There has been a lot of talk of a “right to health care,” and I’d like to clarify that. You do have a right to seek medical treatment and a right to take care of your health, but you don’t have a right to force a doctor to treat you, or force your neighbors to pay for your medical treatment. What we need is a restoration of health freedom and a “separation of medicine and state.”
Also disturbing is this “Cyber Security” legislation that Sen. Jay Rockefeller is drafting, with the intention of giving President Obama the power to shut down private computers and networks. Government officials shouldn’t have that kind of power, nor should they have any kind of access into private citizens’ computers of networks. We need a “separation of Internet and state” as well.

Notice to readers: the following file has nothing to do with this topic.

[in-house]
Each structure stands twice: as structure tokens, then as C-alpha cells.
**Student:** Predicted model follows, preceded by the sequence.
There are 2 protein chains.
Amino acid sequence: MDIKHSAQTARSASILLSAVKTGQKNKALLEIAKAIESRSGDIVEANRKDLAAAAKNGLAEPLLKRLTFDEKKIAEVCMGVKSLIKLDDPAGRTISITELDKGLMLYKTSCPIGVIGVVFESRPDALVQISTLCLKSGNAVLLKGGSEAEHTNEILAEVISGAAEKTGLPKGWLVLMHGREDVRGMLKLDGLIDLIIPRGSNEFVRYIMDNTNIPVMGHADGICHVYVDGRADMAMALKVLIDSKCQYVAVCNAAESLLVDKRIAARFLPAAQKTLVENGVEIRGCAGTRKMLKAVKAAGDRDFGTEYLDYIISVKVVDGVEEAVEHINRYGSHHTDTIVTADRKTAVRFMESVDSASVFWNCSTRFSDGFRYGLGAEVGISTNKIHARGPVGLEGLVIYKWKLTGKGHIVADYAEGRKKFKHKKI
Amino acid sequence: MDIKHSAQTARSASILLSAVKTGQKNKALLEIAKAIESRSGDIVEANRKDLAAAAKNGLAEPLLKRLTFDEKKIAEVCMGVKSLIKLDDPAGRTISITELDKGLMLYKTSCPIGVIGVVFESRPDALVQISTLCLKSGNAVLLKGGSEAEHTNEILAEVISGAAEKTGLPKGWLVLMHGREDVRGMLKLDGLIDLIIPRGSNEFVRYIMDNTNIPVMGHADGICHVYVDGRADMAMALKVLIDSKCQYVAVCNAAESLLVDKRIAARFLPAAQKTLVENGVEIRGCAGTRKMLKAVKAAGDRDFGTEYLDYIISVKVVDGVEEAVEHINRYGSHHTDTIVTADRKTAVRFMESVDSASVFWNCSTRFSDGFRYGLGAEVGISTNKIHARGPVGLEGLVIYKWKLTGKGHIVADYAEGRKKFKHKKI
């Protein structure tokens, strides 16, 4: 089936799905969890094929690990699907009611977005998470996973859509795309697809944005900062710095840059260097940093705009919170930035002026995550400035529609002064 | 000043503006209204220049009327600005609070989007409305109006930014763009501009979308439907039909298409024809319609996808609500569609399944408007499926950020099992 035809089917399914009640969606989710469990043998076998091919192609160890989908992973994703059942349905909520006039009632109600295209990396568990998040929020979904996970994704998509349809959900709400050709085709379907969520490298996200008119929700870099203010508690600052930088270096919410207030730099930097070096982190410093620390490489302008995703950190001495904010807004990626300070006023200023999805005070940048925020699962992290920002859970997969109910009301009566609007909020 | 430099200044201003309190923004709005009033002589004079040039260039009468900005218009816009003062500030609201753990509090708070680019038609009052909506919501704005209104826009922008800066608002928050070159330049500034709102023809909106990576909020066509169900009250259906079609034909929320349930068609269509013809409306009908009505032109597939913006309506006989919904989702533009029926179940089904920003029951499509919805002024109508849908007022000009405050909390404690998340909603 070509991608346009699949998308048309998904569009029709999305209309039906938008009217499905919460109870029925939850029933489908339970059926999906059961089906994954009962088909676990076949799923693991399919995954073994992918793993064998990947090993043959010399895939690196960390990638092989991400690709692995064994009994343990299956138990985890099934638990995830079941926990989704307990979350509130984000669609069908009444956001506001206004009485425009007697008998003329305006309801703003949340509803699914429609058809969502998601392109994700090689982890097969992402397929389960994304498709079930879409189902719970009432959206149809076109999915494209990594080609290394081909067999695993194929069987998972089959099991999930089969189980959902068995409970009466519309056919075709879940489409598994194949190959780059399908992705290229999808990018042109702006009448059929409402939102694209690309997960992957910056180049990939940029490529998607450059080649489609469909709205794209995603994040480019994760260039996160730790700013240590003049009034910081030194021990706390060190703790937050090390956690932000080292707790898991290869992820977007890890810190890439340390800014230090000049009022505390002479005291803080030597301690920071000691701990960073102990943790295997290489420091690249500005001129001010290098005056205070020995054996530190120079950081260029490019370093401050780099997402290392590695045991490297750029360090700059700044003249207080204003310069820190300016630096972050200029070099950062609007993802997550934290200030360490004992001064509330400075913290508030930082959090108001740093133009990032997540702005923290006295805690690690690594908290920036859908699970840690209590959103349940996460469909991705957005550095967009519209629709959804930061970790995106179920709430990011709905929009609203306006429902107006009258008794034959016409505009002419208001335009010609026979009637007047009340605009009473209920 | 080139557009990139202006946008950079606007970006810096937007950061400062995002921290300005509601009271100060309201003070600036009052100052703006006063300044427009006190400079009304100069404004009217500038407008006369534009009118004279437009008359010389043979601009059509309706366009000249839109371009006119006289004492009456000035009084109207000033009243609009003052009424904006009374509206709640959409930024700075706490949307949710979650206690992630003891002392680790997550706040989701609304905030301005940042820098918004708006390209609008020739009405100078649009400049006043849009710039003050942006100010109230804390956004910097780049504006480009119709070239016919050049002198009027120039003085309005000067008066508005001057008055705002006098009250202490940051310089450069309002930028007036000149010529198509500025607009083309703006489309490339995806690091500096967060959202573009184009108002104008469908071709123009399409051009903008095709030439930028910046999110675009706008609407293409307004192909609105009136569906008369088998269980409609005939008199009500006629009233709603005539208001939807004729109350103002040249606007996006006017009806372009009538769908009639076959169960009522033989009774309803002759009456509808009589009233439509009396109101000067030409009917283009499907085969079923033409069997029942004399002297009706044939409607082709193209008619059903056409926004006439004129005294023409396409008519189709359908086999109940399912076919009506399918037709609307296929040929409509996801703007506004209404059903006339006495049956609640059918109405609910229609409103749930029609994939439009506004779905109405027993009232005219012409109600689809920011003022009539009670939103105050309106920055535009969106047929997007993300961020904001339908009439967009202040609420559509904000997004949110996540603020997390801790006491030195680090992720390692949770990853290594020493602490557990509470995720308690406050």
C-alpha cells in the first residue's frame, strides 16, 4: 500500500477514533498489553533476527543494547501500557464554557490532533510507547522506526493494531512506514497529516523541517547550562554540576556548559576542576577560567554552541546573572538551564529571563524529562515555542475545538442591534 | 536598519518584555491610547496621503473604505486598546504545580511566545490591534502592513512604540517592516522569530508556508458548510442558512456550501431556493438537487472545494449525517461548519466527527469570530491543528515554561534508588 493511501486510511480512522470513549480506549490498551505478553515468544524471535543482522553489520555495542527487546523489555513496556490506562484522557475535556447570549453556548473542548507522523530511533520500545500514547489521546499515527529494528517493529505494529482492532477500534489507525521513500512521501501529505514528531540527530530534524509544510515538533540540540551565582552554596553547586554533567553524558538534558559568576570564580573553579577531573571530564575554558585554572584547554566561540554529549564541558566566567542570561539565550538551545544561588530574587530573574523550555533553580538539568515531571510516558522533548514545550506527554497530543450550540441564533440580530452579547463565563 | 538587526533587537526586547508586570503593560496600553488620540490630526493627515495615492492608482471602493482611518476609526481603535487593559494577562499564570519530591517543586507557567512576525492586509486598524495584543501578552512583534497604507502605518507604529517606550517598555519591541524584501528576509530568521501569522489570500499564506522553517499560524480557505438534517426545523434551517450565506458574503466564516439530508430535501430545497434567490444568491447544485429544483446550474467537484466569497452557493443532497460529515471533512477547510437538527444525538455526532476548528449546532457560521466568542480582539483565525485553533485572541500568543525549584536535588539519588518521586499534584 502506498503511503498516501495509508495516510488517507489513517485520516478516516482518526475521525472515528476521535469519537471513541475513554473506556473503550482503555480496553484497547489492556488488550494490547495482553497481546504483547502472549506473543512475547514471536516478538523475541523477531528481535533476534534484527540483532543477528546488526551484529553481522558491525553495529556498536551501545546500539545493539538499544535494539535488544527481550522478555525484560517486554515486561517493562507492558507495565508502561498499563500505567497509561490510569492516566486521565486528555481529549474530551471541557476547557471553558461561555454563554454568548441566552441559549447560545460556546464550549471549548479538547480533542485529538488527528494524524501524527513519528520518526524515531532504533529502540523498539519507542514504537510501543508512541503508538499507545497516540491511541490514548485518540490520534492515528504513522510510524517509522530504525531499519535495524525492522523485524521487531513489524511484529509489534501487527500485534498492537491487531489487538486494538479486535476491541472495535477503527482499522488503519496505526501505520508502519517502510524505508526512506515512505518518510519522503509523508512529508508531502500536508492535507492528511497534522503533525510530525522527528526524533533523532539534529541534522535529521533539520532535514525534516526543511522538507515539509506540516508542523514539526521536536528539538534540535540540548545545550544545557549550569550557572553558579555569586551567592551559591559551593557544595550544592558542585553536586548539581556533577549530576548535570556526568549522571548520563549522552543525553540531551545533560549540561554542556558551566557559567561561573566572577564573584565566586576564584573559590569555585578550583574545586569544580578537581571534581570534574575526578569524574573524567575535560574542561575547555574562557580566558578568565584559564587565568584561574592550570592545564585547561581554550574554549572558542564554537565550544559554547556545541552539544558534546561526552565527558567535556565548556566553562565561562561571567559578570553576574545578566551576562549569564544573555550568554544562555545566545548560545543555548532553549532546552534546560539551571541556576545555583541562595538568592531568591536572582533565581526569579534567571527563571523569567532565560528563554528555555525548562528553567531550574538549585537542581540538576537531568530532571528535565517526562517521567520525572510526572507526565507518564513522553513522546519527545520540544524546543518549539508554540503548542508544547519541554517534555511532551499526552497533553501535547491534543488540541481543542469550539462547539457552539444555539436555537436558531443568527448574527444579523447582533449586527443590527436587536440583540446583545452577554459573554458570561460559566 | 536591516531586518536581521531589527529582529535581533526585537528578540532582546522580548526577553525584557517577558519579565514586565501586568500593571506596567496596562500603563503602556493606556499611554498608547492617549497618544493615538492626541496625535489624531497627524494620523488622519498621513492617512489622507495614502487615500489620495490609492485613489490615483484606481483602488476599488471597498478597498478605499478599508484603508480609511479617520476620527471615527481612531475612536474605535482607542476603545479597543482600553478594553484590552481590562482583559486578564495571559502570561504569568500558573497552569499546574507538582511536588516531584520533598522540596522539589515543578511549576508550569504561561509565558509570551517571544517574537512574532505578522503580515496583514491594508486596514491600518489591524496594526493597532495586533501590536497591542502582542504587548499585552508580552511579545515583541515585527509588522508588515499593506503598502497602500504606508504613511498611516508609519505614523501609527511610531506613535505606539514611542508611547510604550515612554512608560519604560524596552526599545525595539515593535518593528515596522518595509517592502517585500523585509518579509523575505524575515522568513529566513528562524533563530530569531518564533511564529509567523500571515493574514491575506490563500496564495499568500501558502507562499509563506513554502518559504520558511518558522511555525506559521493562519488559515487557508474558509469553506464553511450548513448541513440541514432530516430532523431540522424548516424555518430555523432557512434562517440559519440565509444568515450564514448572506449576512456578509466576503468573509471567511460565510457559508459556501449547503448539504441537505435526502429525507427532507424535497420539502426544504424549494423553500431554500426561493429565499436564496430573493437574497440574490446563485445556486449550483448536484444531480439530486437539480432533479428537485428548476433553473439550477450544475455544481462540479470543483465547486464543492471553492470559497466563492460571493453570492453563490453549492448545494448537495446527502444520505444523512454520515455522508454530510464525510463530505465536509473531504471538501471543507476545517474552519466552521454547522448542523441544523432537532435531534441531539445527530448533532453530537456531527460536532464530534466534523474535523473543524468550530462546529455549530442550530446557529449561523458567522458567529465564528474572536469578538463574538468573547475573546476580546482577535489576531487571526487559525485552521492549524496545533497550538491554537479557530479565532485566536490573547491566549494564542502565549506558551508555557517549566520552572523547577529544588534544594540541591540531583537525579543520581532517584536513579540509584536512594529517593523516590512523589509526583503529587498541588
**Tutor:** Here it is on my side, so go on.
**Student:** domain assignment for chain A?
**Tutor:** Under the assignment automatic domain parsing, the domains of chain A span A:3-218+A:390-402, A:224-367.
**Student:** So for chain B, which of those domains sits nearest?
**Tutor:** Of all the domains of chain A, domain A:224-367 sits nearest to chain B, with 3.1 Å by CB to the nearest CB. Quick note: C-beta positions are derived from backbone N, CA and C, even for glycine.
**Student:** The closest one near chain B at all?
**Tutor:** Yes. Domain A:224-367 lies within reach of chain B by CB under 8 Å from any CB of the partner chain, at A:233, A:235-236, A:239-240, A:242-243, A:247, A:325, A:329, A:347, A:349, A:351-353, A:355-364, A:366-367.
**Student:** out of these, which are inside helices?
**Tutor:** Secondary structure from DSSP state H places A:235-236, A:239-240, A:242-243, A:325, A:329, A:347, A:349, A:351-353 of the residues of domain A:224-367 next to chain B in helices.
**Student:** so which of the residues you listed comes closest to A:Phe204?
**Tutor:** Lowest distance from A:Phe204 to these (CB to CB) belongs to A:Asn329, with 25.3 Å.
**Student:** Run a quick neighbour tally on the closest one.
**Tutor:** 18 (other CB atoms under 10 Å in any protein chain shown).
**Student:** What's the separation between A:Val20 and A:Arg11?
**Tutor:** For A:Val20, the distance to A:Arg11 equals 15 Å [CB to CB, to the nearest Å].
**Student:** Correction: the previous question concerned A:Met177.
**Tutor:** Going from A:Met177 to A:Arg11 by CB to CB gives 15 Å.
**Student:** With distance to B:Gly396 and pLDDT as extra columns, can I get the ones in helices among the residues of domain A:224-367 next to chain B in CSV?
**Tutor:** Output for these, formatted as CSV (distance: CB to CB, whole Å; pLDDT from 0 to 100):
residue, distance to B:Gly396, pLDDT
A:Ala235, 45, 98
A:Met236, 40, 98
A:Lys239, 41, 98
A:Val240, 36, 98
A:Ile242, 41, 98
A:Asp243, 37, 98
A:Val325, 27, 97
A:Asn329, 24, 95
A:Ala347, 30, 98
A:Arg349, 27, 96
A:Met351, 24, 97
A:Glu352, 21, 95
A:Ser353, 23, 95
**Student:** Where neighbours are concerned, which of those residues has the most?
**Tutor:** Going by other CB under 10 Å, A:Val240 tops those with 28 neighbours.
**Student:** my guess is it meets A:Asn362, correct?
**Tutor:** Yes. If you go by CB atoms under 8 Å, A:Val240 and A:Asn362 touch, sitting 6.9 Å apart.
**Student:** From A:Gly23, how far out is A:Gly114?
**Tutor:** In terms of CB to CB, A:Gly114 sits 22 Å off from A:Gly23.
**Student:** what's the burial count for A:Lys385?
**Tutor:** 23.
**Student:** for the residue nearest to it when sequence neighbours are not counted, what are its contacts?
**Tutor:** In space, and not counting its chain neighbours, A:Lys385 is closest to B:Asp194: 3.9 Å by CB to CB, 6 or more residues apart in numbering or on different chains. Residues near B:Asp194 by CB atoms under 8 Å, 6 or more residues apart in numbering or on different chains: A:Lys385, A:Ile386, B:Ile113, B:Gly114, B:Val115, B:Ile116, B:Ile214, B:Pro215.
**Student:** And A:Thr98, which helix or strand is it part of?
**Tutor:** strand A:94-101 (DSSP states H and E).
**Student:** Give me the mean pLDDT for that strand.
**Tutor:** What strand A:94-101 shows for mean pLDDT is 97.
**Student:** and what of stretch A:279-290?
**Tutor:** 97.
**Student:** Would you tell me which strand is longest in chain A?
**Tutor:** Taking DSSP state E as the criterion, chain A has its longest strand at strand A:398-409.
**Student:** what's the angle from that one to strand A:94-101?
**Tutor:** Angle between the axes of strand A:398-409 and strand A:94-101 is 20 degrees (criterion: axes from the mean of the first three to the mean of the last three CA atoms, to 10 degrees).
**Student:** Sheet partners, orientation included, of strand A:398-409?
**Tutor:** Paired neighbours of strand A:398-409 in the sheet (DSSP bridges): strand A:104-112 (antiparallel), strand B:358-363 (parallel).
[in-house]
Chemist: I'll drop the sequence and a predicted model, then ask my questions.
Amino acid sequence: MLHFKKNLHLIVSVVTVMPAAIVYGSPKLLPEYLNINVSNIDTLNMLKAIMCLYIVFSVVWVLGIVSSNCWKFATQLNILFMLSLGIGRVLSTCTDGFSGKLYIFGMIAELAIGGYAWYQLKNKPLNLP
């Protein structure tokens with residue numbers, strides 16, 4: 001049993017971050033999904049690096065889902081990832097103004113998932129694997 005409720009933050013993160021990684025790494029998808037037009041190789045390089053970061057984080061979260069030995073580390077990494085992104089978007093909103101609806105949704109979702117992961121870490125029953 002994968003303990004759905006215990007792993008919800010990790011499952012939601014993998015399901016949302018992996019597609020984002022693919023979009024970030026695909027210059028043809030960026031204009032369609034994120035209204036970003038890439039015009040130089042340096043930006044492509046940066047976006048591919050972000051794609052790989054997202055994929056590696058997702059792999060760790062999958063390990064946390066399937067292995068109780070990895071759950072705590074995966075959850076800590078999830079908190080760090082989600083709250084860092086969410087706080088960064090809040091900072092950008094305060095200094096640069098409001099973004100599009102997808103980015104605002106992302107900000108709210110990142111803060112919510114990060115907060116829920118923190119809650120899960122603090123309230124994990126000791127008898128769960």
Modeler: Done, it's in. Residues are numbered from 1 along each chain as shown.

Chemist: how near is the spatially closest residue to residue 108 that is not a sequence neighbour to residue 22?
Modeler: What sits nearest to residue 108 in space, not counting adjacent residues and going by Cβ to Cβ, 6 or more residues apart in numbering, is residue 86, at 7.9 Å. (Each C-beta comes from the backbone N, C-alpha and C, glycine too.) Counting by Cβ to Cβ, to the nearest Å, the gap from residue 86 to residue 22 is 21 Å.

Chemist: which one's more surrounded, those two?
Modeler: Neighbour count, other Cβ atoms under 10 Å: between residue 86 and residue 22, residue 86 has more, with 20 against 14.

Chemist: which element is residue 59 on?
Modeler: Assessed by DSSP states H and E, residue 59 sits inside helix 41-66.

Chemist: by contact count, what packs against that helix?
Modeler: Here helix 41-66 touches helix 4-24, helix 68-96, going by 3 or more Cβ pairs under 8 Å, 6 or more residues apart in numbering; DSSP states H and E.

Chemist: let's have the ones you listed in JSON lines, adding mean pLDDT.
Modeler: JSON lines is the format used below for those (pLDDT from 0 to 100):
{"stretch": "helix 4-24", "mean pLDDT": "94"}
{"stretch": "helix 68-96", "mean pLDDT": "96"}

Government has become increasingly intrusive and invasive in our private lives, and we really need to reverse that trend.
What’s been missing is any talk of our right to keep our personal lives private, whether it be our health matters or our computer usage, or anything that’s really none of the government’s business.
Can you imagine telling George Washington and Thomas Jefferson that the Federal government would have access into citizens’ private health information, and have control over it? They would say, “Not in our America.”
If we told the Founders of a future “computer age,” and informed them of what the Internet would be, I’m sure they would understand that intellectually, and they would say, “Of course the government should stay out of our computer and network matters–it’s none of their business.”
While the Fourth Amendment to the Bill of Rights of the United States Constitution applies to “searches and seizures,” it still recognizes “right of the people to be secure in their persons, houses, papers and effects.”
Some of these people in government don’t seem to understand that we have a Bill of Rights to protect the individual citizen from the intrusions of government.